Undergraduate Honors Theses

Thesis Defended

Spring 2019

Document Type


Type of Thesis

Departmental Honors


Integrative Physiology

First Advisor

Mark Opp

Second Advisor

Alena Grabowski

Third Advisor

Abby Hickcox


Background Melatonin (MLT) may be a useful therapeutic in the treatment of cancer. Recent meta-analyses, both published in 2012, provided evidence of tumor regression, reduced cancer treatment side effects, and improved patient quality of life (QOL). Notably, over half of the included studies in each meta-analysis came from the Lissoni research group. The present paper is a systematic review and meta-analysis of clinical trials published since 2010 with a focus on MLT’s effects on three outcomes: disease progression, cancer treatment side effects and QOL in patients with solid tumors.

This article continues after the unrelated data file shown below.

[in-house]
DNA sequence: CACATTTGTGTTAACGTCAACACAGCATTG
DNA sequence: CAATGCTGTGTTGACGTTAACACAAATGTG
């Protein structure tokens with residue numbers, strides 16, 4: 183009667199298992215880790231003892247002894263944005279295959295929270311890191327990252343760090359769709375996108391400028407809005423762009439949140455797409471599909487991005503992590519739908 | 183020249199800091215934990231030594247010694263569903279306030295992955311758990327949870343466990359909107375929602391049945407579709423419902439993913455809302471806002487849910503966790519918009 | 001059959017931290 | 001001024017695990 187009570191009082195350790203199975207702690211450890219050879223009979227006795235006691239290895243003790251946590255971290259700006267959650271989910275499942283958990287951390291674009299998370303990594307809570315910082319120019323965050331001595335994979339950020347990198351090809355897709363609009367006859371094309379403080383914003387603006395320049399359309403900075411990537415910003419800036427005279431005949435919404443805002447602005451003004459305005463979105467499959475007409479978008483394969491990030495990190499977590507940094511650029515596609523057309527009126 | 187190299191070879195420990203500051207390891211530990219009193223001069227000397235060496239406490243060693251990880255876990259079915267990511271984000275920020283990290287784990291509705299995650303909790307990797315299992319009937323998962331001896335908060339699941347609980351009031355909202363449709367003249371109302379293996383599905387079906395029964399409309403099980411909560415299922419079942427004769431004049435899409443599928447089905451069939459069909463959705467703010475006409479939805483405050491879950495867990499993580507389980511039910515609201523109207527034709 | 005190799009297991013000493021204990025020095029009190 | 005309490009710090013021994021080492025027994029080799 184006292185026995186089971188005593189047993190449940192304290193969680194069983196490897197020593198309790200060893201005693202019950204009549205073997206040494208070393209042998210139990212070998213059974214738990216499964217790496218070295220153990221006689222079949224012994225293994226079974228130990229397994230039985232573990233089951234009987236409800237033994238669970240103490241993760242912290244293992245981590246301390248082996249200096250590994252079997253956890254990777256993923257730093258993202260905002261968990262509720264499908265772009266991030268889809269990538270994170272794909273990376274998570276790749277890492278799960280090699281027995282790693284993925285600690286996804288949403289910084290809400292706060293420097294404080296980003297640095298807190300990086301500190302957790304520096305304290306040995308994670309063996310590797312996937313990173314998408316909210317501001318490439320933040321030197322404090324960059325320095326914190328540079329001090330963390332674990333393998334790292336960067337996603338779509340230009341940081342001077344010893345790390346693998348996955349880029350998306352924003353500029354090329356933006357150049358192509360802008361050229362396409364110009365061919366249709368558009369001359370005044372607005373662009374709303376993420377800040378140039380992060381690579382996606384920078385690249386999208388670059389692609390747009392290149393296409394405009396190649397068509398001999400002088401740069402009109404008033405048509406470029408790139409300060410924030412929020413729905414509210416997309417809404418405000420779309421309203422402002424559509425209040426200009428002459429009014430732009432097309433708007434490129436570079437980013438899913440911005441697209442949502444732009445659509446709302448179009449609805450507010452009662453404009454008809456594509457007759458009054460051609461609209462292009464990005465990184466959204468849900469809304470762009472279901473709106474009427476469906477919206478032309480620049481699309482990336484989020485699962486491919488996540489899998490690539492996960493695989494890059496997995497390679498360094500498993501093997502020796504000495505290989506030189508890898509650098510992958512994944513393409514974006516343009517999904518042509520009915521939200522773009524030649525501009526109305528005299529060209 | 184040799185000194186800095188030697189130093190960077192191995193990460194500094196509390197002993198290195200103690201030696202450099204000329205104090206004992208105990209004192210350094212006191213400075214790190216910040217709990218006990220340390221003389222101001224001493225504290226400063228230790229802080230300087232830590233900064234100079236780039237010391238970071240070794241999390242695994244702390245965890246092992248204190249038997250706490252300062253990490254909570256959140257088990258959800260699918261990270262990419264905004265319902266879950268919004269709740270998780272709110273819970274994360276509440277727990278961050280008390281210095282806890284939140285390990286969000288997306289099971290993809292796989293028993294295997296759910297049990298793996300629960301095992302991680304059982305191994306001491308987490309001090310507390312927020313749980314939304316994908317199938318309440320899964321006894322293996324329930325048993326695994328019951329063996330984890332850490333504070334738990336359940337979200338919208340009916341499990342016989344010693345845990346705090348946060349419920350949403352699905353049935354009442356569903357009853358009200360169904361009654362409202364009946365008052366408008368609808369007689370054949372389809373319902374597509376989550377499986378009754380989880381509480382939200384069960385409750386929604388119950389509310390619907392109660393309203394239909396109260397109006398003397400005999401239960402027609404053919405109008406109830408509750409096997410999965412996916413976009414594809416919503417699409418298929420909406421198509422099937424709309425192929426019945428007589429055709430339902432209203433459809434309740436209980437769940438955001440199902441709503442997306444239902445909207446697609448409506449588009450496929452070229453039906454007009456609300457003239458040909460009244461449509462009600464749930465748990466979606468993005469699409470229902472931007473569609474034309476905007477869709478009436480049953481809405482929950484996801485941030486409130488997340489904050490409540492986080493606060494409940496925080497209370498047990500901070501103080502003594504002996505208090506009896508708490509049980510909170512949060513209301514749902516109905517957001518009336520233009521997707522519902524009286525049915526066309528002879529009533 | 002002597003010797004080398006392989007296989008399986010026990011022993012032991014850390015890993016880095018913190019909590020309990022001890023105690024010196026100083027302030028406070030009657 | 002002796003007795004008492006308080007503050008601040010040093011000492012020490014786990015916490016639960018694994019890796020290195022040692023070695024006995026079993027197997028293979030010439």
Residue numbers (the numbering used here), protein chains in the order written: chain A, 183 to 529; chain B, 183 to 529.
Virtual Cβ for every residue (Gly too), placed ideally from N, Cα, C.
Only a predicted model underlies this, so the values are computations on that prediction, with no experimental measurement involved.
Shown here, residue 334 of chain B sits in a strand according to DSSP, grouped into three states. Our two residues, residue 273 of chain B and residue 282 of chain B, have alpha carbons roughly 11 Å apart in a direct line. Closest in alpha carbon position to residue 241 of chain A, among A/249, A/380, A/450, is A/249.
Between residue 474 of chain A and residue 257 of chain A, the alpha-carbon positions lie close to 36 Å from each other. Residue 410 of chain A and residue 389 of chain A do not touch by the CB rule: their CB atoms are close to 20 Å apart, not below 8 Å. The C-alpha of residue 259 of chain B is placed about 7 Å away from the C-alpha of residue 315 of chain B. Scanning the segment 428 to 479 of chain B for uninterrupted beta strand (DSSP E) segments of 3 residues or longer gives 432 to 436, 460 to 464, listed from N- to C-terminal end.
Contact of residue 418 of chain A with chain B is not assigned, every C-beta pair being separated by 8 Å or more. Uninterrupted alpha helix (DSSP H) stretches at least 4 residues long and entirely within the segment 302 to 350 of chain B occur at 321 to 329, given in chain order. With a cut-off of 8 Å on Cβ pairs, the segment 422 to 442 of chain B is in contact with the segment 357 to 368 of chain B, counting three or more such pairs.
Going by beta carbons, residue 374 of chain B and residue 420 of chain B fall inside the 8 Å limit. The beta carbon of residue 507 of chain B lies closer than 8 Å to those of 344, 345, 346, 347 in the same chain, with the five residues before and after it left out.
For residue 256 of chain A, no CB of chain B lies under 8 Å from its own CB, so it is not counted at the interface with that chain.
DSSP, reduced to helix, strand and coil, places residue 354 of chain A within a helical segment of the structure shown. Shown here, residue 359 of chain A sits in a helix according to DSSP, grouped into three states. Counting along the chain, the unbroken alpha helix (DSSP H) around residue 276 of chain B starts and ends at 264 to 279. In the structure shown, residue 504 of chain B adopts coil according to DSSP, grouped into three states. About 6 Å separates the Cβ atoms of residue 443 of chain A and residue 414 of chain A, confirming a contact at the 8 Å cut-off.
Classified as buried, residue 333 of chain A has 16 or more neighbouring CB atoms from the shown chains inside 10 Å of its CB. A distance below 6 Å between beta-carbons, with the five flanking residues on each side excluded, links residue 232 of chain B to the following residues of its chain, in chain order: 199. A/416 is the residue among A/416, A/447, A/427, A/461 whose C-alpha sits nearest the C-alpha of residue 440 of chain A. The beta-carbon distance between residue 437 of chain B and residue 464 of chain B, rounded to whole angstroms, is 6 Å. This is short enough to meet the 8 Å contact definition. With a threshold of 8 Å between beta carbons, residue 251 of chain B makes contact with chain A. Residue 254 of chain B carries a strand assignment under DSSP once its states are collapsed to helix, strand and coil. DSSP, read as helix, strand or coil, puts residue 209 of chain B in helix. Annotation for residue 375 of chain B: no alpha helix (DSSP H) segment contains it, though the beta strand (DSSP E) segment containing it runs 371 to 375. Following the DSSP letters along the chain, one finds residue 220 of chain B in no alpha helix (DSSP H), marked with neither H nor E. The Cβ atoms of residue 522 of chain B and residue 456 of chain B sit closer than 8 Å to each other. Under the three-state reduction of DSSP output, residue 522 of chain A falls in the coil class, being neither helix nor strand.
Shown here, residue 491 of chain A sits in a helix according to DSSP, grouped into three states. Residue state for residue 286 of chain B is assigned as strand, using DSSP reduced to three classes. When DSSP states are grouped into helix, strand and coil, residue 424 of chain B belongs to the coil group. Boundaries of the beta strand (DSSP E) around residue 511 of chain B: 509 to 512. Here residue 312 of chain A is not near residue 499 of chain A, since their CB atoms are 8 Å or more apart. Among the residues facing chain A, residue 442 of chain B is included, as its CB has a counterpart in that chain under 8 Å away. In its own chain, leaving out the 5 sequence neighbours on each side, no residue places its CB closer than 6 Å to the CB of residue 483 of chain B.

Methods An electronic search was conducted using the databases PubMed, EMBASE, and Web of Science. Trials were included if they included MLT and participants with metastatic solid tumors. Data regarding tumor regression, cancer treatment side effects, and QOL were pooled and analyzed using R Studio.

Results Of the 14 studies included, 8 articles were new studies that were compared to six studies were from the Lissoni research group. The other eight studies were new studies published between 2010 and the present. The 14 studies included patients who were given MLT dosages between 10mg and 40 mg every day over the course of the study in addition to the normal cancer treatment therapies. MLT had no effect on patient reported cancer treatment side effects or QOL (Total= 0.05, CI (-2.21 - 2.44); P=0.01, Total= -0.01, CI (-0.58 – 0.56), P=.36). Limited data areprovided on tumor regression, making it difficult to statistically analyze on existing data. Additional data are needed to analyze MLT’s role in tumor regression.

Conclusions MLT does not improve treatment side effects or QOL in patients with metastatic solid neoplasms.